Another emotional moment belonged to Jane Lynch and Robin Trocki. Sue, compelled by her loss of faith, decided to rally against the teens singing about spirituality. The fact that we got to see her humanized again was enough to make me forget about some of the weaker moments in the show. After a line of questioning from Emma, Sue reveals that she lost her faith because her sister, Jean, was never made better. But after watching the students share their own beliefs, Sue goes to her sister. Jean shared a counter point to her disability, expressing her own faith in God's design and her own life, in another touching display between Lynch and Trocki. Sue could have just been a bitch, but instead she's developed and complex, constantly evolving.

But the other characters? They're pretty much staying stagnant. Finn decided to abandon the god he discovered at the beginning of the week when he realized that his sandwich didn't have mystical powers and everyone else kept their previously held religious beliefs. Kurt, at least, was reminded of what was important to him. Even though he'd already had no less than three conversations with his father about how their relationship was important to him last season. At least Kurt and Bert are sticking to what works.

What works isn't always the musical choices, though. Puck's "Only the Good Die Young," was fun and upbeat and a perfectly fine rendition, but there wasn't much to the song. It was almost exactly like the Neil Diamond song he did last season (same wink to Quinn and all). Mercedes voice is incredible and I'm so glad she got two songs. "I Look to You," was chilling and showed off her incredible range. The choir version of "Bridge Over Troubled Waters," was great. But to be fair, I'm not completely unbiased; I unabashedly love choir songs sung with passion and praise. I also like people who wear matching bird feather hats. But I also appreciated the fact that Kurt wasn't there because he was looking for God, but he went because his friend was trying to support him the only way she knew how. Those two have a wonderfully mature relationship for some high school kids, so it was nice to see them share with each other without being over-bearing.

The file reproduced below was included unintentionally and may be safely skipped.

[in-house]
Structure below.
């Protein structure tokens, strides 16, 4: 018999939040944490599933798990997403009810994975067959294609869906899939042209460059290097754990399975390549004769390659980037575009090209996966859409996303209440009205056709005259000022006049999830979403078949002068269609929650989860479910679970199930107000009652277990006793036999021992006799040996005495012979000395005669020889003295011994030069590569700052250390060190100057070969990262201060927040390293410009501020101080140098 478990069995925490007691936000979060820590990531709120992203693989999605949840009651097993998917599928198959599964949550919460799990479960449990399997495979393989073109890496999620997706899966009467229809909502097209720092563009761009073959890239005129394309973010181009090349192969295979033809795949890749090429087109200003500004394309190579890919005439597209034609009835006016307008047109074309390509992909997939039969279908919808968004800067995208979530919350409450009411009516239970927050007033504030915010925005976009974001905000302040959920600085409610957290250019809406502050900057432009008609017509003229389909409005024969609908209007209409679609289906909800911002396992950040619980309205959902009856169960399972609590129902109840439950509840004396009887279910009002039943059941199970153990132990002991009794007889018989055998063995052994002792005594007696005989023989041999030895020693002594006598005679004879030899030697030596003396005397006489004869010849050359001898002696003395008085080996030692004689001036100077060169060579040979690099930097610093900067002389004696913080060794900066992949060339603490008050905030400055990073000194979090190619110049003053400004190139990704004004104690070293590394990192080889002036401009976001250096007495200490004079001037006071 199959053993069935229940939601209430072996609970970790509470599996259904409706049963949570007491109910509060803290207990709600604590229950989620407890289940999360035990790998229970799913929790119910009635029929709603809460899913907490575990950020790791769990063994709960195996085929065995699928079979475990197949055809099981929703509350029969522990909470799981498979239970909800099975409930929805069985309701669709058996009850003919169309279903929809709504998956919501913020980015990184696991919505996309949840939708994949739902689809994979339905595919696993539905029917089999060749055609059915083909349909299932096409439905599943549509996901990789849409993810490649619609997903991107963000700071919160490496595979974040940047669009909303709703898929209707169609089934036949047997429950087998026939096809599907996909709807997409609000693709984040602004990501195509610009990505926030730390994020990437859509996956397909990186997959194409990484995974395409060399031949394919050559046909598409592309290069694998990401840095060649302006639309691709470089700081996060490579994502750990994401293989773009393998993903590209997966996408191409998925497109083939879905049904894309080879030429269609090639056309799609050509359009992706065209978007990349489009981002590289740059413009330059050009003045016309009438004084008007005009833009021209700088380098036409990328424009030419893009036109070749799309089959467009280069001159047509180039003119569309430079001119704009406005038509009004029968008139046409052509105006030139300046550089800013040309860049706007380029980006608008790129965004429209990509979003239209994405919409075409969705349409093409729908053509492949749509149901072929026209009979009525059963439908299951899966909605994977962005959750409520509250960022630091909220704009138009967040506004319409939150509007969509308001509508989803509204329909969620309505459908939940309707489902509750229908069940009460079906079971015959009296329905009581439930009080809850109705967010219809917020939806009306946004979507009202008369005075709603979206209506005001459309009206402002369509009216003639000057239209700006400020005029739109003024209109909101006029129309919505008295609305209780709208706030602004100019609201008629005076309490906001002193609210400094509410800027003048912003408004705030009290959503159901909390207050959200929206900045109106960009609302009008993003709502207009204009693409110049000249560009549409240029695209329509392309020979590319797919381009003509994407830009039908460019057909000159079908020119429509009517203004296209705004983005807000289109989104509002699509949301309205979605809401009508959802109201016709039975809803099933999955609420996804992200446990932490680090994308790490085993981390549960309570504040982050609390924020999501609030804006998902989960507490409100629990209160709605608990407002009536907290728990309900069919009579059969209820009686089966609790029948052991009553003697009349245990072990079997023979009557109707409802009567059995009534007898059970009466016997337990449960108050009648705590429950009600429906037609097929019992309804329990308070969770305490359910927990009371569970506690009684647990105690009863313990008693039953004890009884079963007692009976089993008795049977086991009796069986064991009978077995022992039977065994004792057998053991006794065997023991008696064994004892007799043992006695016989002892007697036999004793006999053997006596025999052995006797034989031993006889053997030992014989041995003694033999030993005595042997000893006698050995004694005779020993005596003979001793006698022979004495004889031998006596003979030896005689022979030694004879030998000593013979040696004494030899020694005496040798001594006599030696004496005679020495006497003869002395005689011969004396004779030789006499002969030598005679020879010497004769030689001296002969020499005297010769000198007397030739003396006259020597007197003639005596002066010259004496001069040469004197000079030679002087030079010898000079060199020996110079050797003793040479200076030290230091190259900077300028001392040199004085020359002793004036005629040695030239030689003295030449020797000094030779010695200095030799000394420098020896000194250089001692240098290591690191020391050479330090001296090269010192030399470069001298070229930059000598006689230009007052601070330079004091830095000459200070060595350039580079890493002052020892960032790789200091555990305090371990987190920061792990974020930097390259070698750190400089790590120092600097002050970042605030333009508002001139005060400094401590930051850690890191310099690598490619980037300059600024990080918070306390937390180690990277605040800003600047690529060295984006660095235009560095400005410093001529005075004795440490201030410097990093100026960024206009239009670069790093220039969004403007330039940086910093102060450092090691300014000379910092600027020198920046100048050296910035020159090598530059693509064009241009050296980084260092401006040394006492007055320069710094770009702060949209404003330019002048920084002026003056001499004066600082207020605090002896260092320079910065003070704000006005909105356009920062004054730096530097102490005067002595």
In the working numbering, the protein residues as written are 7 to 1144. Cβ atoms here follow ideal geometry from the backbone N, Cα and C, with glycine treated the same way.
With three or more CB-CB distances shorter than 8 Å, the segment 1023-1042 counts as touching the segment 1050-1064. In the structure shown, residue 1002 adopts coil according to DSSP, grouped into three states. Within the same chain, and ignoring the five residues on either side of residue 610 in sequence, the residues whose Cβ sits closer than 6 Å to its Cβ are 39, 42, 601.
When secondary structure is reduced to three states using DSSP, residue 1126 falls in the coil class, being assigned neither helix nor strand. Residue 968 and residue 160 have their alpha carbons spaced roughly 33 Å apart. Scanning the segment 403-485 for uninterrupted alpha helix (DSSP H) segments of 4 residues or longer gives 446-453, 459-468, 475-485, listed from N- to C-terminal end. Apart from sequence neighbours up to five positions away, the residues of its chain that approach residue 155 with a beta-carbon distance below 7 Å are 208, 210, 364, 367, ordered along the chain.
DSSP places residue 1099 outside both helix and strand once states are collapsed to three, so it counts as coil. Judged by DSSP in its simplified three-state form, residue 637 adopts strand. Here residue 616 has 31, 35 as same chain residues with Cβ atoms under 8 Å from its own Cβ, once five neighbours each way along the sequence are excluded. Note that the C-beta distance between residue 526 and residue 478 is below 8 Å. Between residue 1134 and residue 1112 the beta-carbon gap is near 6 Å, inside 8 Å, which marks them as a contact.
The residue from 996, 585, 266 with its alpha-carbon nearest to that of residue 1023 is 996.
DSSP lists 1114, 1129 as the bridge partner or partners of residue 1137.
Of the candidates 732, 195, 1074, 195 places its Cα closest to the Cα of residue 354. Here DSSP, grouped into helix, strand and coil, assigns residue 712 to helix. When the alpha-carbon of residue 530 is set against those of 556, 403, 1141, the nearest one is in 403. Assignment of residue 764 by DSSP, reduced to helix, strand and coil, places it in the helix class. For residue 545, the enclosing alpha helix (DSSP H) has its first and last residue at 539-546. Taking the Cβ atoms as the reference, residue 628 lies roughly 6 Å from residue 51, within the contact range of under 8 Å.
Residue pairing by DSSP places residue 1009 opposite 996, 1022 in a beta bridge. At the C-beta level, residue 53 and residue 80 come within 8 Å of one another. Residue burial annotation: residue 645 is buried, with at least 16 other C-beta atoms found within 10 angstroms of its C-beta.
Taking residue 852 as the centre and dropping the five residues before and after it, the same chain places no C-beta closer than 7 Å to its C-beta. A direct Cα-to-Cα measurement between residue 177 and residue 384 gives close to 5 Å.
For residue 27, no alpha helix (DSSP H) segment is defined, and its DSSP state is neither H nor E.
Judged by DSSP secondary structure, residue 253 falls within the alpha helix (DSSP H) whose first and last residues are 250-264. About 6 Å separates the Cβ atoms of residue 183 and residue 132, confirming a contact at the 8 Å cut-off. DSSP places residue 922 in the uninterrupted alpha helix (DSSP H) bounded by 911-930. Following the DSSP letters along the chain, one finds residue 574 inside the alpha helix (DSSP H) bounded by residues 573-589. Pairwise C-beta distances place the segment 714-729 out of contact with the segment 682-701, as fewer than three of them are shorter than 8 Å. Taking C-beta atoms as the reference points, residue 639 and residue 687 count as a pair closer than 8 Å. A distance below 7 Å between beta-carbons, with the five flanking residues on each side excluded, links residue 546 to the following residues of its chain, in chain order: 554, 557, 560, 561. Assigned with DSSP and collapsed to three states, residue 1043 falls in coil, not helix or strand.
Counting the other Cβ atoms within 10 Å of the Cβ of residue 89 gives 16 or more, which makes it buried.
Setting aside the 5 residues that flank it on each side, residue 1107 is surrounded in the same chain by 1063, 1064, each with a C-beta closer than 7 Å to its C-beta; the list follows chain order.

Lea has a great showtune voice, so "Papa, Can You Hear Me," was fitting for her vocals. But the song should have stopped at the lake. When Rachel and Finn were praying together, it was sweet and a great way for the two of them to support each other; when Rachel sang "Papa, can you hear me?" and stroked Bert's head, it was confusing. Does Rachel even know Bert? Why did she, Quinn and Mercedes think that was appropriate when Kurt specifically asked them not to pray? It's one thing to show support, it's another to force your support on someone unwilling.

Cory Monteith, I take back what I said about your voice improving. "Losing My Religion," was cringe-inducing and I see you've taken a page from the Artie book of creeper watching. Please go back to not doing things that make me want to burn my cable box. And then the Glee club did "What if God Was One of Us?" It was OK, but completely unnecessary. Is that song required to be in every show that has a religion message? It's way too over-used as the go-to ballad for the confused believer and needs to be retired.

Grilled cheese was a good place to find religion for "Glee." It's often a source of comfort and mostly bland and doesn't sit well with those who have an intolerance to it. Religion episodes are usually better with a little pepper or at least something that has a bite, but "Grilled Cheesus" didn't have much crunch. Like the childhood classic it used, this episode was enjoyable for a moment, but underwhelming in the end.